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The International Court of Justice held public hearings South Africa in the case South Africa v/s Israel, Israel’s Oral Argument : Full video

Jan 12, 2024

The International Court of Justice (ICJ), the principal judicial organ of the United Nations, held public hearings on the request for the indication of provisional measures submitted by South Africa in the case South Africa v. Israel on 11 and 12 January 2024, at the Peace Palace in The Hague, the seat of the Court. Session held under the presidency of Judge Joan E. Donoghue, President of the Court.

On the second and final day of preliminary hearings at the International Court of Justice (ICJ), Israel’s legal team insisted that the Court “lacks prima facie jurisdiction” in the matter, and the subject of the proceedings “do not fall within the remit of the Genocide Convention.”

Addressing the Court in The Hague today (12 Jan) Israel’s Deputy Attorney-General for International Relations, Gilad Noam, said South Africa “has not shown any dispute between itself and the respondent at the time the application was submitted. Indeed, it tried to mislead the court into believing that one had existed.”

Noting that Israel’s twin military objectives were to eradicate the existential threat posed by Hamas militants and to free some 136 hostages still held in the war-shattered enclave, Noam said, “the simple reality is that the events which are the subject of these proceedings are occurring in the framework of a war instigated by Hamas.”

He told judges in The Hague that “the standard of irreparable harm and urgency is not met either,” as Israel “is constantly taking concrete steps, together with others, to address the humanitarian situation in Gaza.”

Finally, he said, provisional measures sought by South Africa “are unwarranted and prejudicial,” as they portray “an image of Israel as a lawless state that regards itself as beyond and above the law.”

Noam said, “the applicant paints an image of Israel as a state in which the entire public service, military and society have, in concert, discarded Israel’s long-standing commitment to law and morality and become singularly consumed with destroying an entire population. That is patently false.”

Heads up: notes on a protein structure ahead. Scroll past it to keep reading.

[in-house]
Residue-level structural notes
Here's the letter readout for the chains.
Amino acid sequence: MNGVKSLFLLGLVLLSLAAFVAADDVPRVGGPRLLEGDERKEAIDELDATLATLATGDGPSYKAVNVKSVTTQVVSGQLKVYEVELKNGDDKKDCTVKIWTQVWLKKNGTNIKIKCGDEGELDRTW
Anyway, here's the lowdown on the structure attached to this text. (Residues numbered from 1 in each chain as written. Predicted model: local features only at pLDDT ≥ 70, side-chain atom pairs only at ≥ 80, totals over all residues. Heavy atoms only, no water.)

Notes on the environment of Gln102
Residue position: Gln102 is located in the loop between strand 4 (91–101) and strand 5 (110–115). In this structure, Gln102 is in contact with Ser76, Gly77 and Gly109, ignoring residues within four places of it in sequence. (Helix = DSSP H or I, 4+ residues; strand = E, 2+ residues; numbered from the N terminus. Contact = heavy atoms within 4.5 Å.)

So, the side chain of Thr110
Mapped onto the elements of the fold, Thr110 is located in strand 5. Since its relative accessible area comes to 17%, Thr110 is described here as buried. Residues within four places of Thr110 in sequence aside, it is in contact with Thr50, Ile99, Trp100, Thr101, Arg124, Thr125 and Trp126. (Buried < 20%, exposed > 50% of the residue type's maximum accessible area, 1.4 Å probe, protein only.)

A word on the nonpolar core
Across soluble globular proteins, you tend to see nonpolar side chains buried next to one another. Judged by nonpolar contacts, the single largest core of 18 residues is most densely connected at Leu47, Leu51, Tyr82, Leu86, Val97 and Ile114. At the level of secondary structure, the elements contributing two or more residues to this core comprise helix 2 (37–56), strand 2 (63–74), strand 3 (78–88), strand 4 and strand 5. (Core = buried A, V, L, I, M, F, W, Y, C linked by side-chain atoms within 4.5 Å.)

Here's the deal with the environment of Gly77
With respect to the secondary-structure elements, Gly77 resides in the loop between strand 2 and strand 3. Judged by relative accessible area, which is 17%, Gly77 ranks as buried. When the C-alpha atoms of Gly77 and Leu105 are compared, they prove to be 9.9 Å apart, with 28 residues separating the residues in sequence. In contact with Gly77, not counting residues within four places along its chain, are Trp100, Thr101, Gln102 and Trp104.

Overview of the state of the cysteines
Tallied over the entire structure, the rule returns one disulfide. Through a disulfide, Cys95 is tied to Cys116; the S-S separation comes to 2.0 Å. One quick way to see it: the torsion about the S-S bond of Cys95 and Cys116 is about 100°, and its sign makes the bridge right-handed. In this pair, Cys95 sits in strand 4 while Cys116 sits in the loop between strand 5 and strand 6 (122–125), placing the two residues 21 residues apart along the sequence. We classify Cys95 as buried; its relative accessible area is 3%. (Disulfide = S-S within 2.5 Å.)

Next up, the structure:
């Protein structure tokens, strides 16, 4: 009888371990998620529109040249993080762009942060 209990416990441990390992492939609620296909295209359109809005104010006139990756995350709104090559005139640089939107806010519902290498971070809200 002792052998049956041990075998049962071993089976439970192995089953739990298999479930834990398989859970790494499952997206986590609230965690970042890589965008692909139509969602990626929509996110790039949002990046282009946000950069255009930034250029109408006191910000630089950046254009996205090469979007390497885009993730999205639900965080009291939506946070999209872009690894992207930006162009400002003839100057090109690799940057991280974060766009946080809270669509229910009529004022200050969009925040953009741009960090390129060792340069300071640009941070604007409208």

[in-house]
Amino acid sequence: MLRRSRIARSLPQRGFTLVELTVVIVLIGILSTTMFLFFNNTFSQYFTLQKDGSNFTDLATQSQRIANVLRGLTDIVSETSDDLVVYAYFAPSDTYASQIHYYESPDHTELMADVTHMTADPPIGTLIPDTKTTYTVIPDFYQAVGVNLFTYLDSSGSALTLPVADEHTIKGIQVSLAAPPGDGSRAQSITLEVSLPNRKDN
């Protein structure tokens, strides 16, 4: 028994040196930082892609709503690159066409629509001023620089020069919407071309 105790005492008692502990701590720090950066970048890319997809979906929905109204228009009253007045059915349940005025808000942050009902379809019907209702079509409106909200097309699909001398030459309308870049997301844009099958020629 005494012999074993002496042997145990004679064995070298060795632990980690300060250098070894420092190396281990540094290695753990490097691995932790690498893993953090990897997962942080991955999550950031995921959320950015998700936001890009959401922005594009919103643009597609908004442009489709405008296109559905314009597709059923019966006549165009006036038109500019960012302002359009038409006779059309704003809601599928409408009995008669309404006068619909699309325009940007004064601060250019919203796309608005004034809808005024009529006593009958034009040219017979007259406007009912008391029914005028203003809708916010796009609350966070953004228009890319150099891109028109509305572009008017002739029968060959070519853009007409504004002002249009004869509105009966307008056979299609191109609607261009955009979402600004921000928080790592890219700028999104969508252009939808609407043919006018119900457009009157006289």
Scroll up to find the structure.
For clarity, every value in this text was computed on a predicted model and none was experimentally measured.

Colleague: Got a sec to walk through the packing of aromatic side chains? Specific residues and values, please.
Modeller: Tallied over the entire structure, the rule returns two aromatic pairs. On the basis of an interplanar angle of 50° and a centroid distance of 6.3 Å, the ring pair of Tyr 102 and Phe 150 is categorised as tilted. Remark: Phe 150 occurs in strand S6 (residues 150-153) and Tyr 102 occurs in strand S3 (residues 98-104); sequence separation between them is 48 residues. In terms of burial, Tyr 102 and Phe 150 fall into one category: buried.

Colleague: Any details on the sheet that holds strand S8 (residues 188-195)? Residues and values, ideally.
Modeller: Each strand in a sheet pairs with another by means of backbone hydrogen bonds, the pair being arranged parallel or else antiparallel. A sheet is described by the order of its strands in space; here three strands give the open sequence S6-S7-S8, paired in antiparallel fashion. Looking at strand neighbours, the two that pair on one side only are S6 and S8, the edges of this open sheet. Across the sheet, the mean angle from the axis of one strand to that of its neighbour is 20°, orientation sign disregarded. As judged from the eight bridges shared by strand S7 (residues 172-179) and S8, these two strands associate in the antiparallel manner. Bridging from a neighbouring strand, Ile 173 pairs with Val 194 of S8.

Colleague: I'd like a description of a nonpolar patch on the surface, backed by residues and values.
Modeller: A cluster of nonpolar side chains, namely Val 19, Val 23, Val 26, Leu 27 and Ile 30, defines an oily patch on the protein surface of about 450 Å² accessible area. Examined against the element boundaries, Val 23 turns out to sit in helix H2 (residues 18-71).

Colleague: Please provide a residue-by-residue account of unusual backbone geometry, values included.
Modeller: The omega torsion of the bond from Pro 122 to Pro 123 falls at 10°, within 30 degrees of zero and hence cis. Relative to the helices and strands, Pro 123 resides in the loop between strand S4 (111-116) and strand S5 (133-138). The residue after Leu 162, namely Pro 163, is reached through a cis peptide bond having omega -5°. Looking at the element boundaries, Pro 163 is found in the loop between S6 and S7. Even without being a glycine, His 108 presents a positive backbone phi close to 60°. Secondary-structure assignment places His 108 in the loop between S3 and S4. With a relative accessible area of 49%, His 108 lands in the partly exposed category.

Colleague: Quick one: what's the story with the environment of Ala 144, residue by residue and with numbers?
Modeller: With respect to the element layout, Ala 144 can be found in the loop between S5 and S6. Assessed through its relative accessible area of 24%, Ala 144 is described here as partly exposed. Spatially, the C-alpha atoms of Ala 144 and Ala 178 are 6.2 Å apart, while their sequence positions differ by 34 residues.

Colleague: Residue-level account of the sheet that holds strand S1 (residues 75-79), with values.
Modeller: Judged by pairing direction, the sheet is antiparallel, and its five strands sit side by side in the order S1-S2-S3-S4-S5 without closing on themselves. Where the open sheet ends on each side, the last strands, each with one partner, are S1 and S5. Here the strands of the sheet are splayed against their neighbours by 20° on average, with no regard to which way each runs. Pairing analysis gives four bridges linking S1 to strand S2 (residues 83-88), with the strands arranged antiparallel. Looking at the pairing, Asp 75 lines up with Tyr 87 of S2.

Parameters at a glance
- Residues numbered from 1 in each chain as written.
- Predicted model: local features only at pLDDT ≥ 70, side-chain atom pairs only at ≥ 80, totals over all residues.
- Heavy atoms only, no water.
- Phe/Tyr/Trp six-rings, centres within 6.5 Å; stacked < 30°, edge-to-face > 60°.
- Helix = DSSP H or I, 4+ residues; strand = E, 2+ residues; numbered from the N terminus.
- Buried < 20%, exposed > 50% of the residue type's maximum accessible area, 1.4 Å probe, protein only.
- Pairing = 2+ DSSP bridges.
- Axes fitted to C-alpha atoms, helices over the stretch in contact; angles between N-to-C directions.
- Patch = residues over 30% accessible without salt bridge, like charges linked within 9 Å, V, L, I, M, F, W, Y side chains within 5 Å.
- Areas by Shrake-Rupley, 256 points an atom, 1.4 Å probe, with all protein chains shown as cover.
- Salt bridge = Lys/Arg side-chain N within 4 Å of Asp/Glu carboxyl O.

When a State is attacked, it has the right to defend itself and its citizens, Israel’s legal team insisted, before underscoring the deep trauma resulting from the 7 October terror attacks by Hamas and other Palestinian militants who rampaged across southern Israel, slaughtering some 1,200 people and taking around 250 captive.

Noam said, “the conflict with Hamas poses serious operational and legal challenges in conducting close-quarter urban combat, while mitigating harm to the surroundings; in seeking to put a stop to Hamas military use of hospitals while minimising disruption of medical services; in helping civilians leave areas of the most intense fighting, while Hamas forces them to stay in the line of fire; in facilitating the provision of aid, when that aid is constantly stolen by Hamas to sustain its military efforts; in balancing humanitarian considerations with the need to act forcefully against an adversary that still fire rockets deep into our country and holds our citizens hostage.”

He said, “the rule of law remains a foundational pillar of the State of Israel. The applicant defames not only Israel’s leadership but also Israeli society, misrepresented in a selective assortment of statements to suggest genocidal intentions and the abdication of core moral values.”

Provisional measures, Noam insisted, “would lead to a perverse situation. It would effectively allow Hamas to continue attacking the citizens of Israel, to hold 136 hostages in unbearable conditions, to keep tens of thousands of displaced Israelis from returning to their homes, and essentially to promote its plan to massacre as many Israelis and Jews as it can.”

As part of its claim against Israel, South Africa alleges that 6,000 bombs hit Gaza in the first week of the Israeli response to the Hamas-led attacks. This included, South Africa alleges, the use of 2,000-pound bombs at least 200 times in southern areas of the Strip that were designated as safe, and in the north, where refugee camps were located.

Now that initial representations from both South Africa and Israel have concluded at the ICJ, one of the justices’ first tasks is to assess whether there are sufficient grounds to approve the South African application for provisional measures against Israel, to “protect against further, severe and irreparable harm to the rights of the Palestinian people under the Genocide Convention”.